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I am very hungry." — With tears ed himself from motives of delicacy in her eyes her Majesty answered, till the decision was finished, and " Wait a little, my dear child, till that he had ftill great obligations to the tumult be over.'
fulfil towards the Assembly, and to It would be endless to trace the the whole nation. He would not 00: horrors that were committed on the ly prove that he ought not to have 5th and 6th of O&ober. The fol- been even fufpested; but it was time lowing positive assertion of M. Mio. to prove that those who have supmandre, a life-guardman, will con- ported the cause of the people and of clude this disagreeable enquiry.—He liberty, that those who have concutpofitively declared, that the Duke of red with all their power to the regeOrleans (who wants to prove an alibi) neration of France, had been direct was at Versailles among the crowd ed by sentiments of justice, and not on the 6th of October, in an undress by the odious and vile motives of aniof a grey colour, with two gigantic bition and vengeance.“These words," women at his side, with ribbons on said he, “ I have put in writing to their shoes like the rosettes of men. lay on the table, that they may be
October 4. The Duke of Orleans placed in the Registry, to give them resumed his seat in the National Af- all the authenticity which depends on sembly; and in a short but pithy ad- me.” The whole Affembly thered dress, informed them that he absent: the greatest poslible applause.
Account of the Progress made in Rebuilding the COLLEGE OF EDINBURGH ; c3
tracted from the Medical Commentaries for the year 1790.
TN our last volume, we gave some east and north fides of the intended
1 account of a most important un- square, are already raised to a conG. dertaking which was begun at Edin. derable height. But the greatest burgh ; the rebuilding of the College. progress is made at the north-weft We had, at that time, singular fatis- corner, which is intended for the new faction in being able to mention, that Anatomical Theatre. The foundation. the foundation stone of this new build- Itone of this part of the buildiog was ing was actually laid on the 16th of laid on the gift of March latt, and November 1789 : and it now affords a bottle, hermetically sealed, containus no less pleasure to be able to in- ing the following inscription, was de. form our readers, that the progress posted under the foundation-stope bs made in this undertaking is already Dr Monro. yery considerable. The walls on the
THEATRрм носов ANATомісvм
Consule Thoma ELDER,
Architecto ROBFR TO ADAM,
Ab anno 1720 ad annum 1790, Anatomiæ ac Chirurgie
Operam dederant Studiosi 12,800. Scilicet,
Ab anno 1720 ad annum 1759, Professor Alex. Monro, Patre, 4431. Ab auno 1759 ad annum 1790, Professor Alex. Monro, Filio, 8389. Primo Decennio, ab anno 1720 ad annum 1730,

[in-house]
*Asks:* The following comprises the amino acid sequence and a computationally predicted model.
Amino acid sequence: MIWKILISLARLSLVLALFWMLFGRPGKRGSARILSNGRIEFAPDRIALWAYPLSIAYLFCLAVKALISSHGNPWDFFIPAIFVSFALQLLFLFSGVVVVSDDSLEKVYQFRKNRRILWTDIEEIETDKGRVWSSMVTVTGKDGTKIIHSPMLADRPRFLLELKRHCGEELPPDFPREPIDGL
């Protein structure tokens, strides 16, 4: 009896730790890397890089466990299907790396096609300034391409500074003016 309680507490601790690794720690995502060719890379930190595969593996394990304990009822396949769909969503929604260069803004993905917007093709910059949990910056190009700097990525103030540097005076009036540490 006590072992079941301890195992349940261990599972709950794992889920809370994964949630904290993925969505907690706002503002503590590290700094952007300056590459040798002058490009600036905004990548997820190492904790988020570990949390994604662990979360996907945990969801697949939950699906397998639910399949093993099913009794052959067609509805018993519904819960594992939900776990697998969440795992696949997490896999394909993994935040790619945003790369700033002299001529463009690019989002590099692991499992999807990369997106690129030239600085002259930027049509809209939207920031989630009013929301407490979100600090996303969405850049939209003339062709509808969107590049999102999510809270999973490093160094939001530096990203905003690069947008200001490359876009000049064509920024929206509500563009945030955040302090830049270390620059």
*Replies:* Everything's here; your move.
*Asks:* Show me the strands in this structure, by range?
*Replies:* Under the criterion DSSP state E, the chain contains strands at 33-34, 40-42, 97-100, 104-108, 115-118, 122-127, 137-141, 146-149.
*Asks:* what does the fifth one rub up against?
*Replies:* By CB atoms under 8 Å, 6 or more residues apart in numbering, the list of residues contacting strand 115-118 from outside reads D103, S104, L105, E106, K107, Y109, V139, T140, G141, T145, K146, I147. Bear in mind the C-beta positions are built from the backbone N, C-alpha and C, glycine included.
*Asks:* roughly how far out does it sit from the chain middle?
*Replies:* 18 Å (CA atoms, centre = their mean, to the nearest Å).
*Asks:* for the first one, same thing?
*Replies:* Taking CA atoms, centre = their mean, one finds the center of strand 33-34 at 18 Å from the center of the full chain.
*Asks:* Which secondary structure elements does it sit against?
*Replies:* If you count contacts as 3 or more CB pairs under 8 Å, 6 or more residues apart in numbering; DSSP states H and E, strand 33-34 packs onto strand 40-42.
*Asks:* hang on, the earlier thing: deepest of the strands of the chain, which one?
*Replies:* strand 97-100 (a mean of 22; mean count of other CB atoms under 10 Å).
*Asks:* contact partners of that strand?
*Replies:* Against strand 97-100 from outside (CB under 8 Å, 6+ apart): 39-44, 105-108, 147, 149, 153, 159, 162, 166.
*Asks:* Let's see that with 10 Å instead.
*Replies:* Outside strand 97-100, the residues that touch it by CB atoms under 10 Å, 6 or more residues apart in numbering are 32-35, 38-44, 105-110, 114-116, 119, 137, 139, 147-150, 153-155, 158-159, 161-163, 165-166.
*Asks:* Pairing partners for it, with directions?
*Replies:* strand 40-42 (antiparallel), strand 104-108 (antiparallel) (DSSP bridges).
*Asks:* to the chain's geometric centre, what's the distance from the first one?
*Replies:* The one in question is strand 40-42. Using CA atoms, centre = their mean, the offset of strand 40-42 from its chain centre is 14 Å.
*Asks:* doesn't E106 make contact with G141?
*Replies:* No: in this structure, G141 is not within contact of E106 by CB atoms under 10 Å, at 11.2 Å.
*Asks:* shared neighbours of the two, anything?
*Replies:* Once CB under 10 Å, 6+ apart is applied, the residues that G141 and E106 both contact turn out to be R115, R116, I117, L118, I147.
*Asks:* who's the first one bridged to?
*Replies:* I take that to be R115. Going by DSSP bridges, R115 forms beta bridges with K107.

adfuerunt ftudiofi 670
12,800 Hæc, propria manu, fcripfit Alex. Monro, M.D. Med. Anatom. ac Chirug.
Prof. D. M. Mar. 31. 1990, Edinburgh.
In the plan of the new Anatomical ing-rooms intended for the Professors Theatre, every attention has been bef- of Medicine, and Medical Philosophy, · towed to afford the ulmost poffible will be completely finished by the com
accommodation for teaching this fun- mencement of the Sellion beginning damental branch of the healing art. in October 1792. And although the Anatomical Theatre As, however, the funds of the Uni. in which Dr Monro at present teach- versity of Edinburgh are totally inadees, be more commodious ihan almost quate to the accomplishmen: of this any other part of the old College, in undertaking, a voluntary subscription consequence of its being an addition, has been sit on foot, with the view of al detached building, erected only aiding it. And it is no inconsiderable twenty-six years ago, yet his students proof of the encouragement which will hereafter poffefs many advan- science mects with in the present age, tages which they have never hitherto that the fum already subscribed a. enjoyed; for Dr Monro will now be mounts to 18,0191. zs. 7d. Sierling, furnished, not only with a commodi- and 322). 1os. Jamaica currency. A ous class-room, but also with excellent mong the list of subscribers are to be preparation roonis, dissecting rooms, found, not only the names of in habiand many other conveniencies. Such tants of Edinburgh, and of pupils of is the progress already made in this the University, but also those of mapart of the new College, that the 'Thea- ny respectable characiers at a dila tre itself, and all the adjoining build- tance. ings connected with it, will certainly Medical“men of the first eminence, be ready for the reception of the ftu- have, in part cular, been forvard in dents by the commencement of the promoting chis undertak wg. Among next Winter Session, in October 1791. others, we may mention the distin
Considerable progress is also made guished names of Sir George Baker, in the building of some of the other Dr Warren, and Mr Jobu Hunter of medical class-rooms; all of which, London, whose example, in differ ng according to the plan of the new Col. refpeds, is well worthy the imitation lege, are situated on the north side of of medical pracriticners in general, the intended square. And, if the The early countenance and encouragetrustees be not disappointed of that aid ment given to this or tertaking by from the public, which they with some Drs Wali and Thomson, Medical degree of confidence expect will be Prof ffors in the University of Oxafforded to an object of such great ford, is a proof, that, among iibc.al national utility, the whole of the teach- and enlightened minds, no other rival.